Restriction 14: Malmgren's Statute of Limitations Defense
Malmgren's summary judgment motion was supported by evidence establishing his statute of limitations defense as a matter of law. In addition to his own affidavit, Malmgren supported his motion with the affidavits of Norman Colston, Betty Colston, and Ann Hammond, all neighbors. Malmgren testified he brought Whoopi home on Thanksgiving 1991. He testified his neighbors have known about Whoopi for years, as he showed her to everyone when he first brought her home. He stated he has never made any efforts to hide Whoopi from his neighbors or Inverness' officers and agents.
Each of Malmgren's neighbors testified they knew about Whoopi since November 1991, when Malmgren first acquired her. They remembered Malmgren showed Whoopi to everyone. Hammond testified she spoke with Wendell Mosley, an Inverness officer, about Malmgren's keeping Whoopi, when Mosley contacted her to inquire about it. The Colstons and Hammond each testified they never complained about Whoopi.
Malmgren also produced deposition excerpts of Inverness president Delight Flanagan, Inverness' former block captain coordinator Wanda Elder, Inverness' treasurer James Livergood, and Inverness' vice president (and former president) Mosley.
Flanagan testified that Inverness officers were responsible for reporting violations of deed restrictions to Inverness, and that as president she expected her fellow officers to report violations. Malmgren produced other evidence to show violations were required to be reported promptly. In particular, Malmgren produced evidence of a letter sent by one of Inverness' past presidents which notified residents of the deed restrictions and asked them to make “a prompt report” of any violations because “it is much easier to correct a violation as soon as it occurs than to wait a long time before filing a complaint.”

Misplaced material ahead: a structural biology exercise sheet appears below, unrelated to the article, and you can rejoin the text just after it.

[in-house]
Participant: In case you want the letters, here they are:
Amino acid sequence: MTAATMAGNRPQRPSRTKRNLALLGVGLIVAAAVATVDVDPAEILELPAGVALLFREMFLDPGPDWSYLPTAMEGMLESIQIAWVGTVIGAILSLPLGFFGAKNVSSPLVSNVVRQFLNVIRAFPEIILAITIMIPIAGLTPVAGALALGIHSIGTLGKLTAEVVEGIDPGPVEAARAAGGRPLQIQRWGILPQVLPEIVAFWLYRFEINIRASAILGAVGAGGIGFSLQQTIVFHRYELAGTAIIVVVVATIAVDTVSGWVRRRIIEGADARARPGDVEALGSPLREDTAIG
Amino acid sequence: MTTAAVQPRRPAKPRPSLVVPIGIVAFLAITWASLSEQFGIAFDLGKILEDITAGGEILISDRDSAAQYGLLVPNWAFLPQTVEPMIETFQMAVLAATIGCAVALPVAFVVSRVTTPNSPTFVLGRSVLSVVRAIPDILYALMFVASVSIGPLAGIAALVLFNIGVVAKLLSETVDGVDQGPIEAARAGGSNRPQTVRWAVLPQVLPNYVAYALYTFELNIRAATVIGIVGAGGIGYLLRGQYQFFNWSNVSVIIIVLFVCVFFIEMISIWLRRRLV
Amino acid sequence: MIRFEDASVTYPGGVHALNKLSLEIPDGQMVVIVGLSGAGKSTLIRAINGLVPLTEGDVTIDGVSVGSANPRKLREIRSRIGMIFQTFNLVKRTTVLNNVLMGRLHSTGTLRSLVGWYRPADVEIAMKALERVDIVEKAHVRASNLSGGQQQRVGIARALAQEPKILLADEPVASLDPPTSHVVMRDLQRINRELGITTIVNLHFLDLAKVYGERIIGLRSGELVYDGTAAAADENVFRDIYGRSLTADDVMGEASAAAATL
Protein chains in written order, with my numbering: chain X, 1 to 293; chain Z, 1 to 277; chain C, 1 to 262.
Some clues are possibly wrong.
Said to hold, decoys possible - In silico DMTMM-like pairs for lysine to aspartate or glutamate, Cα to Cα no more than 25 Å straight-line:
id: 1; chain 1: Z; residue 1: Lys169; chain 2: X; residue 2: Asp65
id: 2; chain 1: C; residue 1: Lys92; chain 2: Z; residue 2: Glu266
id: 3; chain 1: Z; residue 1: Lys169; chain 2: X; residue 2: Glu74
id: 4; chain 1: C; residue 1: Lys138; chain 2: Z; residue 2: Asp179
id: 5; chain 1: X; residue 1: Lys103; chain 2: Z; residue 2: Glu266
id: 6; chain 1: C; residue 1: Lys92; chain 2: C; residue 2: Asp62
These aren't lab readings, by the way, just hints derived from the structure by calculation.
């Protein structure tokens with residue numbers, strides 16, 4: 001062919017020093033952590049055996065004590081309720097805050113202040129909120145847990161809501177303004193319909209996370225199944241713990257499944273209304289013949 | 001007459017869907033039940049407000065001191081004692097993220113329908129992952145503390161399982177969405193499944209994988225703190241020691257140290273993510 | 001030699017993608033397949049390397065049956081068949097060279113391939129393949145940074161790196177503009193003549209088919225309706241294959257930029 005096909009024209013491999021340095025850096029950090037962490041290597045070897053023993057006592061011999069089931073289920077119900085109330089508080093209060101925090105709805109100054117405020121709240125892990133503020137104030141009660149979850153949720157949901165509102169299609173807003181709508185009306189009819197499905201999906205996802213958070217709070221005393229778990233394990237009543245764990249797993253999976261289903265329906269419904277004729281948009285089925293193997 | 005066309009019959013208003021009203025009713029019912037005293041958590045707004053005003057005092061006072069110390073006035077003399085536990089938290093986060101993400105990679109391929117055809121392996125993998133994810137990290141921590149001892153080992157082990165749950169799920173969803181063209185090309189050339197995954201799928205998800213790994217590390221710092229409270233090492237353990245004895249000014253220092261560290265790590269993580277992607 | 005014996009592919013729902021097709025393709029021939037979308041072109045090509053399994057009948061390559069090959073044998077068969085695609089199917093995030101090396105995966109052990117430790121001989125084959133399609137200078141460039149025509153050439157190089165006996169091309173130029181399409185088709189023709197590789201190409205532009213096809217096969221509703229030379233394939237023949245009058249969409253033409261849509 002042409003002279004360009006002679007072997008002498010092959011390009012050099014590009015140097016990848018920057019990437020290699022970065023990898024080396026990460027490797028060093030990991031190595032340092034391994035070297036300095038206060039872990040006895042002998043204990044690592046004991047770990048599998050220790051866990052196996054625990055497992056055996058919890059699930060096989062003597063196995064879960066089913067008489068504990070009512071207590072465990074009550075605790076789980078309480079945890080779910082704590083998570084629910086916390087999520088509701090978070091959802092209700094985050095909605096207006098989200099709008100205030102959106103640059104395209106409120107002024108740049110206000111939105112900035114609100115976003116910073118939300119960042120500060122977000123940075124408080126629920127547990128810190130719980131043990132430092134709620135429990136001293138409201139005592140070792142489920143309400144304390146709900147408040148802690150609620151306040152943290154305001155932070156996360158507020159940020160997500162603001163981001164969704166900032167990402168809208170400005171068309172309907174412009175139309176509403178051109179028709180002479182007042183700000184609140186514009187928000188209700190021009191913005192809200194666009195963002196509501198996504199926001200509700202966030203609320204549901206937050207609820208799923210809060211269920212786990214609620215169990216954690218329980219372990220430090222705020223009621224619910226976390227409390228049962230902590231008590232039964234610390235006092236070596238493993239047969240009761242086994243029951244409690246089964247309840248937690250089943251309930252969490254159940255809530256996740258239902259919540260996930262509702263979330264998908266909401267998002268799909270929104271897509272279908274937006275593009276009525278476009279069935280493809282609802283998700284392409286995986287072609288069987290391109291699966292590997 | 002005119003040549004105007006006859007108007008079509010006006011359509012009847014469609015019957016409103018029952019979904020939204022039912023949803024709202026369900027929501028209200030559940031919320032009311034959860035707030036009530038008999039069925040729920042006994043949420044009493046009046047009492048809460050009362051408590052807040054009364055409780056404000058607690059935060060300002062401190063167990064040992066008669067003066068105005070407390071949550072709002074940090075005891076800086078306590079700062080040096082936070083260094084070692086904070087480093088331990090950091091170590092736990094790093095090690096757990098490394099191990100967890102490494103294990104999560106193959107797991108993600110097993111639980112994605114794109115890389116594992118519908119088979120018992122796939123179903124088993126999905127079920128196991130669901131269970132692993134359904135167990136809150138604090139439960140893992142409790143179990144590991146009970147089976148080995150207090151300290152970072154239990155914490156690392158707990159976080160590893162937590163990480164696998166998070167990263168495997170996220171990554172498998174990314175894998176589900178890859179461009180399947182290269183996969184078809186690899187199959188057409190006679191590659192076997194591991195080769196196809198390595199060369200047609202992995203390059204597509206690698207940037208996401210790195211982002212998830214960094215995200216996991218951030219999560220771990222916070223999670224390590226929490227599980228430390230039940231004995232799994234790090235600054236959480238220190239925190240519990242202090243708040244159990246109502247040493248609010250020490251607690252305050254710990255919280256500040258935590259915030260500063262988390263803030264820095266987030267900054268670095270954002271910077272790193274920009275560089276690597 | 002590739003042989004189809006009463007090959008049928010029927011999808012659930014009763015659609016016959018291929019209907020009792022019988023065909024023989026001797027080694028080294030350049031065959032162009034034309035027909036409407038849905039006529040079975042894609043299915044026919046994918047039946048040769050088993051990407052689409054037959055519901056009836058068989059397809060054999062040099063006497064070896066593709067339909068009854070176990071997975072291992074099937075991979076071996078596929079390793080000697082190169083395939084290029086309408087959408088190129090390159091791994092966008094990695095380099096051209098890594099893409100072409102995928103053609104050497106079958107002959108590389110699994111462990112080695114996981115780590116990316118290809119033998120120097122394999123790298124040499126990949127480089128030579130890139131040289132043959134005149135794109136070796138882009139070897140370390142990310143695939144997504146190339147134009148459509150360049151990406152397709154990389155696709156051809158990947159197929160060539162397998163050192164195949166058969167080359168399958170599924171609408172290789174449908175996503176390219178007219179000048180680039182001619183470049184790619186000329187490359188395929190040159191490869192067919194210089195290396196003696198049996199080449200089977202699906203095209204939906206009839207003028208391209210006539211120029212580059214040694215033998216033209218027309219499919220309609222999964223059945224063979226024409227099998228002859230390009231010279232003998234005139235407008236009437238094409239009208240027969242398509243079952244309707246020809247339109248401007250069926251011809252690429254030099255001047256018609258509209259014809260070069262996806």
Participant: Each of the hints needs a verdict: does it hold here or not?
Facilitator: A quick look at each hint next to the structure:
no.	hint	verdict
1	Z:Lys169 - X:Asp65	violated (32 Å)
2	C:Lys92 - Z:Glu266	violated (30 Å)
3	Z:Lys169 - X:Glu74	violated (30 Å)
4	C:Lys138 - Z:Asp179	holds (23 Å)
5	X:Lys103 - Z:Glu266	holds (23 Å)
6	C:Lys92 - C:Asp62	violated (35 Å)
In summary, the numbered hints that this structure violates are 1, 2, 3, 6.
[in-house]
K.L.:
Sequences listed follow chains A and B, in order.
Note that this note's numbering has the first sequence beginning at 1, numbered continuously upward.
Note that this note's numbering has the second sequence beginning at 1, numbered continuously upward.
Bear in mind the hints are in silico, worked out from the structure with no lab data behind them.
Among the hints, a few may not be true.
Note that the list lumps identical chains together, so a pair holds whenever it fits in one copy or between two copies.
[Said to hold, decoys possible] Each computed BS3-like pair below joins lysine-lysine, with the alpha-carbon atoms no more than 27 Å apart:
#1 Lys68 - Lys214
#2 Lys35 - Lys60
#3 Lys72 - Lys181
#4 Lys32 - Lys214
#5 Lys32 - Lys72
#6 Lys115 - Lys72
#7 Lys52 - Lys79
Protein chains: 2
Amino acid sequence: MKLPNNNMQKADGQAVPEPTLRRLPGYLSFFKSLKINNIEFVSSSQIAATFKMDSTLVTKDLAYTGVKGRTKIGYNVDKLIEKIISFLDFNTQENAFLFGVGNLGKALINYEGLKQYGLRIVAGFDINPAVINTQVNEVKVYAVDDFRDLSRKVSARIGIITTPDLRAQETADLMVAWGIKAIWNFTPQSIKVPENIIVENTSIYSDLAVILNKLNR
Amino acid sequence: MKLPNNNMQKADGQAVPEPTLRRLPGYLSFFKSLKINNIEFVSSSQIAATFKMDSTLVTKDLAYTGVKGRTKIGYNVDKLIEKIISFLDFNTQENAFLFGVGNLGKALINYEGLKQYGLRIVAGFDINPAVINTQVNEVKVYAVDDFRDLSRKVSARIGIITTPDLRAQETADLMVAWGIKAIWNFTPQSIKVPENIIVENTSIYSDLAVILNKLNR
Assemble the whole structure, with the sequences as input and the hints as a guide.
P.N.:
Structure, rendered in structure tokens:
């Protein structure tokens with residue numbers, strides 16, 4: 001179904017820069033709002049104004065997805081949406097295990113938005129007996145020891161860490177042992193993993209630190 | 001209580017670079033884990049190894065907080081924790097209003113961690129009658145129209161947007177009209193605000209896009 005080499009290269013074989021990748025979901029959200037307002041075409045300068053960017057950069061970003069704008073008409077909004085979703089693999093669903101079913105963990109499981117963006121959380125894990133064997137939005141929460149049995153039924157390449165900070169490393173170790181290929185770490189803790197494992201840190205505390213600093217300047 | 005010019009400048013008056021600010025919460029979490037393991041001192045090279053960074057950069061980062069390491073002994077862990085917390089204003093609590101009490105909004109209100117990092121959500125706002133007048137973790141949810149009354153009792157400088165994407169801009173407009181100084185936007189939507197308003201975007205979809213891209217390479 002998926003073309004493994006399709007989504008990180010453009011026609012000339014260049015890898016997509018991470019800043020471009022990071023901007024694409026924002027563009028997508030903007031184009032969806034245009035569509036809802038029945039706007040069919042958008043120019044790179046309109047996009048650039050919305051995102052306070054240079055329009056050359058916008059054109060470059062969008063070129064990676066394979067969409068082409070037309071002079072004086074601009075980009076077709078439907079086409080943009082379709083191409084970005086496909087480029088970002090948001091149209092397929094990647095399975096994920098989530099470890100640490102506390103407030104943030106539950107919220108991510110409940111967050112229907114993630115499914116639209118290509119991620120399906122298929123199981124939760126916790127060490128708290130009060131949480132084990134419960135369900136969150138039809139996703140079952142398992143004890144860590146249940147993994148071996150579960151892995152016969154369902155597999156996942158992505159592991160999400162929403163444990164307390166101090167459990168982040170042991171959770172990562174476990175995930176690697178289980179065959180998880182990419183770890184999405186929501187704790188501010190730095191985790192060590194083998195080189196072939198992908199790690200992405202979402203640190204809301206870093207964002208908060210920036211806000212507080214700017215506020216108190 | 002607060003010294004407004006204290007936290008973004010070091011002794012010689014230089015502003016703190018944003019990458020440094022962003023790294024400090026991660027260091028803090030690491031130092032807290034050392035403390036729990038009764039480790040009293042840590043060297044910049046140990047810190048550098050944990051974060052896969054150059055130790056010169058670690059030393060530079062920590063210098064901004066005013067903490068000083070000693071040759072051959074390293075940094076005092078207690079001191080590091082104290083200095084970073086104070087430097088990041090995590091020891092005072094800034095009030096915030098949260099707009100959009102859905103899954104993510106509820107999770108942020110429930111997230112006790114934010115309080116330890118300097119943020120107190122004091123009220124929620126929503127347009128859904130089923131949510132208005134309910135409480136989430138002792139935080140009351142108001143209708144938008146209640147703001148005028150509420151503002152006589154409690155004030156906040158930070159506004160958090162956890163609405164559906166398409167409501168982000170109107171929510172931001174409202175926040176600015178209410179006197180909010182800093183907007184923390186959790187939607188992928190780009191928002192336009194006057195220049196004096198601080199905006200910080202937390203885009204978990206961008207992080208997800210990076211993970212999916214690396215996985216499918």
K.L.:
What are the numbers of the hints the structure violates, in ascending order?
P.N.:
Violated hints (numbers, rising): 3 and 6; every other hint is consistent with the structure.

Elder testified she was Inverness' block captain coordinator for many years, including 1991 and 1992. She distinctly remembered watching Whoopi eat watermelon when Malmgren first acquired her in 1991. Elder said she did not doubt that Thanksgiving 1991 was the time Malmgren brought his pig home. Elder was familiar with Inverness' deed restrictions, and as the block captain coordinator she had the power to report violations.
Malmgren claims Inverness is bound by the knowledge of its agent, Elder. Malmgren is correct. Under general principles of agency law, notice to an agent is deemed notice to the principal. See Polland & Cook v. Lehmann, 832 S.W.2d 729, 738 (Tex.App.-Houston [1st Dist.] 1992, writ denied). Therefore, Elder's knowledge from Thanksgiving 1991 is imputed to Inverness.
On this record, Malmgren established his statute of limitations defense as a matter of law. See Rose, 816 S.W.2d at 810 (stating to prove the defense as a matter of law, the defendant must prove when the cause of action accrued). The undisputed evidence showed he first acquired the pig on Thanksgiving 1991, and someone with the responsibility to report deed restriction violations to Inverness (Elder) did not. The evidence produced showed the Inverness suit was not filed until April 12, 1996, which is more than four years after the cause of action accrued.